“We brought water bottles and we have spray bottles,’ said Emilie Sherwood, a lead counselor for the camp.

In Polkville, John Diescher was battling the heat one of the only ways he likes to — getting a chocolate milkshake from The Little Treat Shoppe on Route 11. Diescher, a farmer, said he’s been drinking plenty of water and sitting in the air-conditioned tractor (well, whenever the air conditioning actually works).

S.N. Briere/ staff reporter

The Little Treat Shoppe worker Michaela Eichorst hands John Diescher a chocolate milkshake. Diescher stopped at the Polkville ice cream place for the milkshake to help him cool off in the summer heat and to grab a hot dog for lunch.

People have to take several precautionary steps during periods of high heat to ensure they don’t suffer a heat-related illness, said LouAnne Giangreco, the system chief medical officer for Cayuga Medical Center.

“There are two types of heat illness that affect two different types of patients: exertional heat illness and non-exertional heat illness,” she said. “Heat-related illnesses can range from heat cramps to heat exhaustion to heatstroke.”

Exertional heat illness can affect young and healthy individuals who participate in extraneous or heavy exercise periods during high heat or humidity. People who often suffer from this illness do so because they aren’t acclimated to exercising in the heat, have lower physical fitness, are obese, use alcohol, use certain medications or are dehydrated, Giangreco said. However, this can be prevented by staying hydrated, taking frequent breaks or exercising earlier in the day when it’s cooler.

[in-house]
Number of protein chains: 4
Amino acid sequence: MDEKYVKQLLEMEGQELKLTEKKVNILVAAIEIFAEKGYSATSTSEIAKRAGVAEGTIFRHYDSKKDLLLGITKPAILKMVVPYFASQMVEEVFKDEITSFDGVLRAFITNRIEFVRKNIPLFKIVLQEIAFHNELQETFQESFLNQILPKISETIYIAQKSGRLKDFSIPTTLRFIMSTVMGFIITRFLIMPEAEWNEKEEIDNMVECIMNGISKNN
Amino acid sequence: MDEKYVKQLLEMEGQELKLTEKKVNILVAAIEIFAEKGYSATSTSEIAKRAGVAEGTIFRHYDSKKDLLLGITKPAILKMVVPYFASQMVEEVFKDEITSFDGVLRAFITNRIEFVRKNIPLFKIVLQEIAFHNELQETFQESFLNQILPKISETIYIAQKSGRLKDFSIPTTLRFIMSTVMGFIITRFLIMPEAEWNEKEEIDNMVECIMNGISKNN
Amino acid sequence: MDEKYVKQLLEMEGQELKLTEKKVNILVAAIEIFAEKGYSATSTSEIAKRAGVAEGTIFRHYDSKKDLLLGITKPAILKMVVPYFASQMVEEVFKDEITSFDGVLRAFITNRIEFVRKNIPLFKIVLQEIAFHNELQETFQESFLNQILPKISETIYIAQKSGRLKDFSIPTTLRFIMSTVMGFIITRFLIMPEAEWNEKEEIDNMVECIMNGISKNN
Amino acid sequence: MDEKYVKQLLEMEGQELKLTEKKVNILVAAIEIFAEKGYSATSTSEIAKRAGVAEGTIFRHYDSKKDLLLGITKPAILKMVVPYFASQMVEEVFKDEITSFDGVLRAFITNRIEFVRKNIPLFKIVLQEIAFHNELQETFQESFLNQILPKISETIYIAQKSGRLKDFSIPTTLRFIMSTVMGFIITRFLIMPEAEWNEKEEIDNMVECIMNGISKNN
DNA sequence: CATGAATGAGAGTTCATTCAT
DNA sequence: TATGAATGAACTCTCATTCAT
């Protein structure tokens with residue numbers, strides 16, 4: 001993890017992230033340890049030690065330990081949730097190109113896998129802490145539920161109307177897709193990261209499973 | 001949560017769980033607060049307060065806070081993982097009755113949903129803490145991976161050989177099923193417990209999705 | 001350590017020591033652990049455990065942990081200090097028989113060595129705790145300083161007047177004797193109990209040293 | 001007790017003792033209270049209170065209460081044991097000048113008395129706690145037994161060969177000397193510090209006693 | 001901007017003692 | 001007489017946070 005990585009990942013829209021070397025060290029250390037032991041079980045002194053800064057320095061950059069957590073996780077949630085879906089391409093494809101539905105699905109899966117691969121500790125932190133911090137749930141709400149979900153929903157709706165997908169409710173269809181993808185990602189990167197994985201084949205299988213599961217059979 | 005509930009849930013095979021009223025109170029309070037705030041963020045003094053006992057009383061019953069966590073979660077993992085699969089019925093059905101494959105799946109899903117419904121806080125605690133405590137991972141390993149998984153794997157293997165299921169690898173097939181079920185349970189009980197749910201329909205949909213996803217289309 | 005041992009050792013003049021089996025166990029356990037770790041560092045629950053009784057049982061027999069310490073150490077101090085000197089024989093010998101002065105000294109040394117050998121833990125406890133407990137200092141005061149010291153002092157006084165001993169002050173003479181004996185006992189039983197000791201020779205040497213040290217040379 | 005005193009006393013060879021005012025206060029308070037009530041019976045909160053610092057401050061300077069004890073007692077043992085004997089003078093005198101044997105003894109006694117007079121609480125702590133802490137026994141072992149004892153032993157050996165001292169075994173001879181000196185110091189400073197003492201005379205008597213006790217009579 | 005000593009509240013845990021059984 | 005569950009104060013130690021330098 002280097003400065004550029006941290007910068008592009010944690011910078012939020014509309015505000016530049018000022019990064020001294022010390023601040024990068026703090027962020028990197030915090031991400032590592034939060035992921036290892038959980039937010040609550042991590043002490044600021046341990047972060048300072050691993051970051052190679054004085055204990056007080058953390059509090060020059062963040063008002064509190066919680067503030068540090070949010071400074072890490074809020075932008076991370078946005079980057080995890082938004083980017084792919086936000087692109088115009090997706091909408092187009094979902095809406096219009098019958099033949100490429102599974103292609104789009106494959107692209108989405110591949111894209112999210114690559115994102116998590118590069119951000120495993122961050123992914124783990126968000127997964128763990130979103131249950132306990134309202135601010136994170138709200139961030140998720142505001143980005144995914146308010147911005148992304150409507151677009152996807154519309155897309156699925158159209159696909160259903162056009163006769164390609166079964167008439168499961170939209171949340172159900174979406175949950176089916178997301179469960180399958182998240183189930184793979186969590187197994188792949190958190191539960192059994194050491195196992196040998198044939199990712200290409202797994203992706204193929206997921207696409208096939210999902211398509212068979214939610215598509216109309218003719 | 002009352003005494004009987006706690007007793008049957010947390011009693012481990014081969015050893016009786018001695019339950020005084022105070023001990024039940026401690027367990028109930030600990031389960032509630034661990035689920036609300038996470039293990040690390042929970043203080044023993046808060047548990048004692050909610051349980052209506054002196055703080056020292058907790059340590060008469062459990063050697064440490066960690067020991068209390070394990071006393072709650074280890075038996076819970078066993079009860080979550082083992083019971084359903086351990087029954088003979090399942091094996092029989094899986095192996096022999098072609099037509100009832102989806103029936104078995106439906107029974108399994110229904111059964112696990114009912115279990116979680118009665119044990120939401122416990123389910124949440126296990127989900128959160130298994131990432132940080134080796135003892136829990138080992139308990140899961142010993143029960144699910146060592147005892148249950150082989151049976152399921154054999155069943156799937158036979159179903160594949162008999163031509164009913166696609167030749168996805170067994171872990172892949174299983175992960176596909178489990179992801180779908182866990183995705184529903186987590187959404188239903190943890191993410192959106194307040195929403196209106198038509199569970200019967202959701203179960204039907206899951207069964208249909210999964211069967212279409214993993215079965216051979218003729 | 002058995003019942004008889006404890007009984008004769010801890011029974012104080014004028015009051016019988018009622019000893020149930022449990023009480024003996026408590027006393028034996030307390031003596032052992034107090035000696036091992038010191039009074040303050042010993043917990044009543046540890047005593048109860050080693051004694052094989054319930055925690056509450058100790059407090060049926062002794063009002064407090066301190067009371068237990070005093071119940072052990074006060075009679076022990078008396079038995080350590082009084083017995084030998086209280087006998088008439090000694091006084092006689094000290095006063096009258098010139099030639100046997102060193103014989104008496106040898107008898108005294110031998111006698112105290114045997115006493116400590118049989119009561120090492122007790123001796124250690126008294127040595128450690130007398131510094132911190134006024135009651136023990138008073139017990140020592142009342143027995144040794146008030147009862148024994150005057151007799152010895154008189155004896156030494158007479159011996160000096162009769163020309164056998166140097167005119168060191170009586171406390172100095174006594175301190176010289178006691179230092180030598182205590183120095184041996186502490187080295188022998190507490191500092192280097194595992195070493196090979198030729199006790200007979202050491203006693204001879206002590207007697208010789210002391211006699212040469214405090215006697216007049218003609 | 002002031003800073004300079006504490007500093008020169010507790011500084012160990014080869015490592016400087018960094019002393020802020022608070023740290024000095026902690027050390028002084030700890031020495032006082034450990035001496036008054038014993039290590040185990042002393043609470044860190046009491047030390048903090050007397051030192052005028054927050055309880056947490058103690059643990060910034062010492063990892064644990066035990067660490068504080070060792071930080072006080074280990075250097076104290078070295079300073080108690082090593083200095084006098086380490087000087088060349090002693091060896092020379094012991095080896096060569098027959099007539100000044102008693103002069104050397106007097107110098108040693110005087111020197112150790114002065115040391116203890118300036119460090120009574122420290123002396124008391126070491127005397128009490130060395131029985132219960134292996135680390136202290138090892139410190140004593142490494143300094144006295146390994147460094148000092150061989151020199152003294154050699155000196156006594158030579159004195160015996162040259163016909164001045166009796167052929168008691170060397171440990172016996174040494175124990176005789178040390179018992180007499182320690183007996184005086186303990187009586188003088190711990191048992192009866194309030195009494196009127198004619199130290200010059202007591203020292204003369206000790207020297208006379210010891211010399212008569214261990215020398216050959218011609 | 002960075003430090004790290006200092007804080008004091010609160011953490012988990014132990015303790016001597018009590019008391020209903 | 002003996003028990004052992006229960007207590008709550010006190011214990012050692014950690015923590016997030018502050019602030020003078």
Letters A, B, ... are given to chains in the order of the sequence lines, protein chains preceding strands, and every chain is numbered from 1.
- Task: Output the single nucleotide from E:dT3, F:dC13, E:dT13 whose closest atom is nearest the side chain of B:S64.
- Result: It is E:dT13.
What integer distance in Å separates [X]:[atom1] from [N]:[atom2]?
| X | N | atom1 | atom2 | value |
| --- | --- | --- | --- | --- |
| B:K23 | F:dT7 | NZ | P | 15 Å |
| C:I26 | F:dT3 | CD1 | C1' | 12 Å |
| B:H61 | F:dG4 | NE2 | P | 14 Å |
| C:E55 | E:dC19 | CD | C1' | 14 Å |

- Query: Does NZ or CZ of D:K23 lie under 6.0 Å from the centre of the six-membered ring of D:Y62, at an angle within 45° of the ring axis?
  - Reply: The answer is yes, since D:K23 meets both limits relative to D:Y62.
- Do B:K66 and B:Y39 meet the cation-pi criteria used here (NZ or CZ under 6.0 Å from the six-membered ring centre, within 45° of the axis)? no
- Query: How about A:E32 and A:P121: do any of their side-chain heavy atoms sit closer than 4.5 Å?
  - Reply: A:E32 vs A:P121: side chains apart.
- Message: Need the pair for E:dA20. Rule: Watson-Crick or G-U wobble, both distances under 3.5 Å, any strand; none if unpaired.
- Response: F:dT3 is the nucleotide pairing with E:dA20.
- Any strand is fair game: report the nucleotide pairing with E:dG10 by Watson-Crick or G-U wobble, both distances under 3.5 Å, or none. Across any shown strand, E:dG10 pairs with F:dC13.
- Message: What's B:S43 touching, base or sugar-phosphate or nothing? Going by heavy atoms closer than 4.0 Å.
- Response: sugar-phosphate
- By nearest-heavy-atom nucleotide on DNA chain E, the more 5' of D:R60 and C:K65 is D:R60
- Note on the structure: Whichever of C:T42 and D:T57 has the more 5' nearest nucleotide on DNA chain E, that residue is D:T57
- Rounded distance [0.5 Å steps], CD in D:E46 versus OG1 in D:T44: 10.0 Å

Those under 4 years old or over 70 years old are most susceptible to non-exertional illness. Also, people with underlying medical conditions are more at risk. Giangreco said folks in these groups should try to stay in an air-conditioned environment as much as possible, drink more water than usual and making sure someone checks in on them daily.

She also said people should know the difference between heat cramps, heat exhaustion and the most serious condition — heat stroke.

Overall everyone should be precautionary when it comes to high temperatures, particularly with the coronavirus pandemic still going on, said Lisa Perfetti, the interim director of the Cortland County Health Department.

“Staying safe in the heat remains important and our messaging related to this is pretty consistent — people can still go to parks and shaded areas, but will need to be mindful of their distance from others and should wear masks,” she said. “Drink plenty of water throughout the day. We encourage people to check on their friends and neighbors, especially the elderly.